FAIL! The manual is not the whole manual. I can't count how many times I see "download the real manual to see..." Like how do you scan just certain banks? (F then Band, P15 of the ADVANCED manual). Once you are in that bank, press F then 2 and it will scan that bank. I saw nothing regarding scanning more than one bank at a time. I guess you can assign a freq to more than one bank if you want to mix it up. Good luck keeping track of all that. The Advanced manual is a staggering THREE PAGES longer than the regular "Owners Manual", which translates to ONE sheet of paper. What in the world is the purpose of the 2 manuals??? And dont be fooled, the 6.6mb PDF is the Advanced manual, and the bigger 11.5mb PDF is the 3 pages smaller "Owners" Manual. Once you click on the wrong one 15 times you will change the file name to something you can actually understand. can probably tell my initial impression wasnt exactly stellar! The complete non-functionality of the lower half of the Mil Air band makes this a deal killer for me (this brought the review from 3 to 2) which I realize is probably not a big deal to most of you. But otherwise, for 2m and 440, it seems good (like the $26 radio) . I like the receive audio, it is a little bassy and warm. My old eyes can see the freq on the display. VHF aircraft reception seems pretty good. The belt clip is a (better) standard metal clip that you screw to the back of the radio, not the "cell phone" kind they used on radios like the VX-7r that inevitably leads to the radio falling off. There is zero Fusion in my area, so I really cant comment as to all that, other than it might be of some use if it were DMR instead.

So once you get past the annoyances (and there are a lot of them!), and if Mil Air is not important, its probably OK. If you are on Fusion it will probably serve you fine. If you dont care about digital, the FT-60 (although it was $20 more than this (on sale Dayton weekend) plus you have to buy the software (although its listed on chirp along with the FT-70D...I should have tried that first!) may be less annoying plus has an AA pack (tons of batteries fit it actually), SET is there above the zero key (woohoo!) and supposedly receives Mil Air.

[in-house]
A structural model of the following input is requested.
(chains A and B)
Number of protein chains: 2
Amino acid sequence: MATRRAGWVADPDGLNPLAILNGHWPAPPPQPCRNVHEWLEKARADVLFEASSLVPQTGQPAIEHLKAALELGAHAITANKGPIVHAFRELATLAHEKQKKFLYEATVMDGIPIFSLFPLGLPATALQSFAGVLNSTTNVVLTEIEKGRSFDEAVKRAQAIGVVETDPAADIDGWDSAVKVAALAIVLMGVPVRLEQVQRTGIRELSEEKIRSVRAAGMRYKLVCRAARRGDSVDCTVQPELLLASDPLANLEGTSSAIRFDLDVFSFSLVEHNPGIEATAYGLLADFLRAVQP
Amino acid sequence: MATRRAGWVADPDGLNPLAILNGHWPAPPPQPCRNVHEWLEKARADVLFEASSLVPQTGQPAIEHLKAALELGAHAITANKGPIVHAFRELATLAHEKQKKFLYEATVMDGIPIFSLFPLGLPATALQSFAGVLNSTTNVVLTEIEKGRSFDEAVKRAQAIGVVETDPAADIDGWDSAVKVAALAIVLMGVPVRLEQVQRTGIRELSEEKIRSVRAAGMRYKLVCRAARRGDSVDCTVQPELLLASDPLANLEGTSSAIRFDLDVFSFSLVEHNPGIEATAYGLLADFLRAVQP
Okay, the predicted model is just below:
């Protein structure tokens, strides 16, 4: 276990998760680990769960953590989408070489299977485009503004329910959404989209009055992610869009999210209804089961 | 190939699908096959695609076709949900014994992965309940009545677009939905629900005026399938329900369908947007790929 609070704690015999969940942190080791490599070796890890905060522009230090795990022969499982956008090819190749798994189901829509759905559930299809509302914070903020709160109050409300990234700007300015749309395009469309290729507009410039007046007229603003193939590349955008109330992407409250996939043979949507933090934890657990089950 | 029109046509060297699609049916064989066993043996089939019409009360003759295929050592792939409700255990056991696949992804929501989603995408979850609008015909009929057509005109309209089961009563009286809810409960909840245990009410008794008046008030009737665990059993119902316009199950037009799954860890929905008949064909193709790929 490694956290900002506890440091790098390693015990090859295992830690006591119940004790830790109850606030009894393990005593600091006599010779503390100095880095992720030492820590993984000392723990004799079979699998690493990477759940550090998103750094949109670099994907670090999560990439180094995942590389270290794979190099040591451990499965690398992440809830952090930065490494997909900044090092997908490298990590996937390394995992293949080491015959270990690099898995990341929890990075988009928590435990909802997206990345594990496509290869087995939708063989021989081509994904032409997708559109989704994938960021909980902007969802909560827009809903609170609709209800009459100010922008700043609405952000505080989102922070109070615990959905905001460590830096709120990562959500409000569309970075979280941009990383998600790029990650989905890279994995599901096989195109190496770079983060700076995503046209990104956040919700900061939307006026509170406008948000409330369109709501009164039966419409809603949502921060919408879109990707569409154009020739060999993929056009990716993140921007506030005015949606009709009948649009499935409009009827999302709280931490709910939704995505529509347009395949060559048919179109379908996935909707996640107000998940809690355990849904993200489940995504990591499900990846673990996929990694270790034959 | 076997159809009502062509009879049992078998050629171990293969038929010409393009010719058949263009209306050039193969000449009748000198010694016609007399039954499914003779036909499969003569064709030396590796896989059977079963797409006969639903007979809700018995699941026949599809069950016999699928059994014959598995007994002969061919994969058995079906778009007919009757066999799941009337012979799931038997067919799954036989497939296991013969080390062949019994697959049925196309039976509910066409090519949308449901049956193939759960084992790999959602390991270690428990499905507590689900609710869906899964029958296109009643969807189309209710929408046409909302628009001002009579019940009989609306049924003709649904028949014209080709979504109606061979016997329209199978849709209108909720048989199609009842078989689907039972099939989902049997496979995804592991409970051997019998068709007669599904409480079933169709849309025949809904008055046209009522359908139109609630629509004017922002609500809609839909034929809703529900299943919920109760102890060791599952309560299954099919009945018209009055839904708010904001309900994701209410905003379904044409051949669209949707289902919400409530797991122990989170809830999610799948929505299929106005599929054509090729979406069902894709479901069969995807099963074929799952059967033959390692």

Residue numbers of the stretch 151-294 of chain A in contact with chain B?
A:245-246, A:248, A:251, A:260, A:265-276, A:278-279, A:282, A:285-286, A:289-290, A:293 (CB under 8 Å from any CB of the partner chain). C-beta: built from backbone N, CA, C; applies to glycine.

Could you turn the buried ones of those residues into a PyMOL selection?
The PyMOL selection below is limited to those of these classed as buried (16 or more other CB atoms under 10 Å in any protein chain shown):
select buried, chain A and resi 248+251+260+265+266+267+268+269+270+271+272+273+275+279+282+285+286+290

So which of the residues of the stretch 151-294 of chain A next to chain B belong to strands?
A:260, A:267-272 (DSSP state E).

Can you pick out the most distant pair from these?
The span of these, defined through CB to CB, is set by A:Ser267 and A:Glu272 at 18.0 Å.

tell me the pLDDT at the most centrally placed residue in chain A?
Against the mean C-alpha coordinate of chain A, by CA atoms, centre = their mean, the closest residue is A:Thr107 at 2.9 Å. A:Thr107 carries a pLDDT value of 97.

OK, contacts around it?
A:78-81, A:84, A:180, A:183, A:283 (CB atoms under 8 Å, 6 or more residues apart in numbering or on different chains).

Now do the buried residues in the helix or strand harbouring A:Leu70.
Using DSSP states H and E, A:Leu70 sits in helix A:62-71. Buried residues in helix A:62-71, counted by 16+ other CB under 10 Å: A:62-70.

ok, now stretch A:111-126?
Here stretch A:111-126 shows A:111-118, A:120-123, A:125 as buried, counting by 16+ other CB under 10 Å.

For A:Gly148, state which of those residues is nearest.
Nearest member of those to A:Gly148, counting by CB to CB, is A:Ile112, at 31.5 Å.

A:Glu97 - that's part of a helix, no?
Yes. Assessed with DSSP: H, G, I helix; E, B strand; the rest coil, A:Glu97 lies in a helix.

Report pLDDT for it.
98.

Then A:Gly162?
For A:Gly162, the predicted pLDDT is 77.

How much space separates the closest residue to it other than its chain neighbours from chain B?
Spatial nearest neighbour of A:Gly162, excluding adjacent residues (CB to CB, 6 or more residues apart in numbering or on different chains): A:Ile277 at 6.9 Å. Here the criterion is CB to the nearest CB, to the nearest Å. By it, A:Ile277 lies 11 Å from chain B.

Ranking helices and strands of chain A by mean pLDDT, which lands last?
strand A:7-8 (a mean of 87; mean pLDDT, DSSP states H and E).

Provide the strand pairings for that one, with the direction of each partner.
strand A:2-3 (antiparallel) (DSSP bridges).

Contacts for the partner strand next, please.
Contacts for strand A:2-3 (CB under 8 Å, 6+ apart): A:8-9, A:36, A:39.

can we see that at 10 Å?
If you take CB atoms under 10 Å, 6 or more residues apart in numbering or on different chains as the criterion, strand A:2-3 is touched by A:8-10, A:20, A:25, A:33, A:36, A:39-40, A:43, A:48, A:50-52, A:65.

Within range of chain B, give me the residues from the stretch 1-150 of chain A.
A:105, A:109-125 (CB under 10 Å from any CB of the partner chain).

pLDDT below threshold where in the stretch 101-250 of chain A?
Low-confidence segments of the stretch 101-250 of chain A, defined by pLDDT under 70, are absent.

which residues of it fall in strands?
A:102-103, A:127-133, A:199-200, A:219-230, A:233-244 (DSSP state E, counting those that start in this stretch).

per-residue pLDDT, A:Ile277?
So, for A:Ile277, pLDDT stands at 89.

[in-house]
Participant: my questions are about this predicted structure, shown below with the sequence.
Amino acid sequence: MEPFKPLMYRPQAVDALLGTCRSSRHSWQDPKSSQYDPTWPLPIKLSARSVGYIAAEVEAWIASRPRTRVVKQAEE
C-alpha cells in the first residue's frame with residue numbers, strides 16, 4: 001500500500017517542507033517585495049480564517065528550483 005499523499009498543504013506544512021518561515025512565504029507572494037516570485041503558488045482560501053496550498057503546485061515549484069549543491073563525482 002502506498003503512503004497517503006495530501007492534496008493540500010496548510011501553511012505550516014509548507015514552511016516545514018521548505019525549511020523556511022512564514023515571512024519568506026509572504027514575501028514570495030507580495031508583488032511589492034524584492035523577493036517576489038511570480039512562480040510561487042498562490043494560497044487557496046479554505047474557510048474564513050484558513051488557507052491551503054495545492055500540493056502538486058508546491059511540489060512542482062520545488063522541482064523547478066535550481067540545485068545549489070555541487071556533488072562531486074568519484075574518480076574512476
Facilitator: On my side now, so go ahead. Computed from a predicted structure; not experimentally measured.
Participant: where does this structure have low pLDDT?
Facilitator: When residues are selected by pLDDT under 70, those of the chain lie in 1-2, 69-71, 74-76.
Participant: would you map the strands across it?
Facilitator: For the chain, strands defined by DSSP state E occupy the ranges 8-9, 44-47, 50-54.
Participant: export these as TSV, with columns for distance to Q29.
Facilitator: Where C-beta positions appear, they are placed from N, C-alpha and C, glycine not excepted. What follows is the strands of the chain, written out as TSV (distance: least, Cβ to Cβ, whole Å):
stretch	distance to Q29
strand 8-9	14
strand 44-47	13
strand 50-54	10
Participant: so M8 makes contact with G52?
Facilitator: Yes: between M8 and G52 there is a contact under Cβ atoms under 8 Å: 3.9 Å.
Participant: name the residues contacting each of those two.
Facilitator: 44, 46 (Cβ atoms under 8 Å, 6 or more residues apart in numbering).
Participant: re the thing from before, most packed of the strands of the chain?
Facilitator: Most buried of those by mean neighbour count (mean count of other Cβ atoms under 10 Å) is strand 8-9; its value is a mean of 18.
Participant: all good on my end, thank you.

W8GTX Rating: 2019-05-24
Nice price for a Big 3 digital HT Time Owned: 0 to 3 months.
Purchased this on sale for $125/free shipping. The radio feels solid, very nice audio output from the speaker. Does what I need an HT to do which is very little. The supplied antenna works well enough. The radio is heavily menu driven (as most are today) and that isn't a negative for me. The Yaesu ADMS-10 programming software is "clunky" as far as setting up for programming and reading of the radio, but not hard to use overall so again no biggie for me. Received audio reports are clean/clear in both analog & digital. The screen is easy on the eyes and easy to see in sunlight. Very easy on the eyes for night use, GLAD they didn't use a monochrome screen! I'm not a big HT user and when using it, its for close up work or on the local repeater, nothing more so battery life for me is again no biggie. Noice job Yaesu, nice price for a digital radio from one of the Big 3, but please improve the programming software...
KB9FMV Rating: 2019-05-06
GREAT HANDIE FOR WIRES X Time Owned: 6 to 12 months.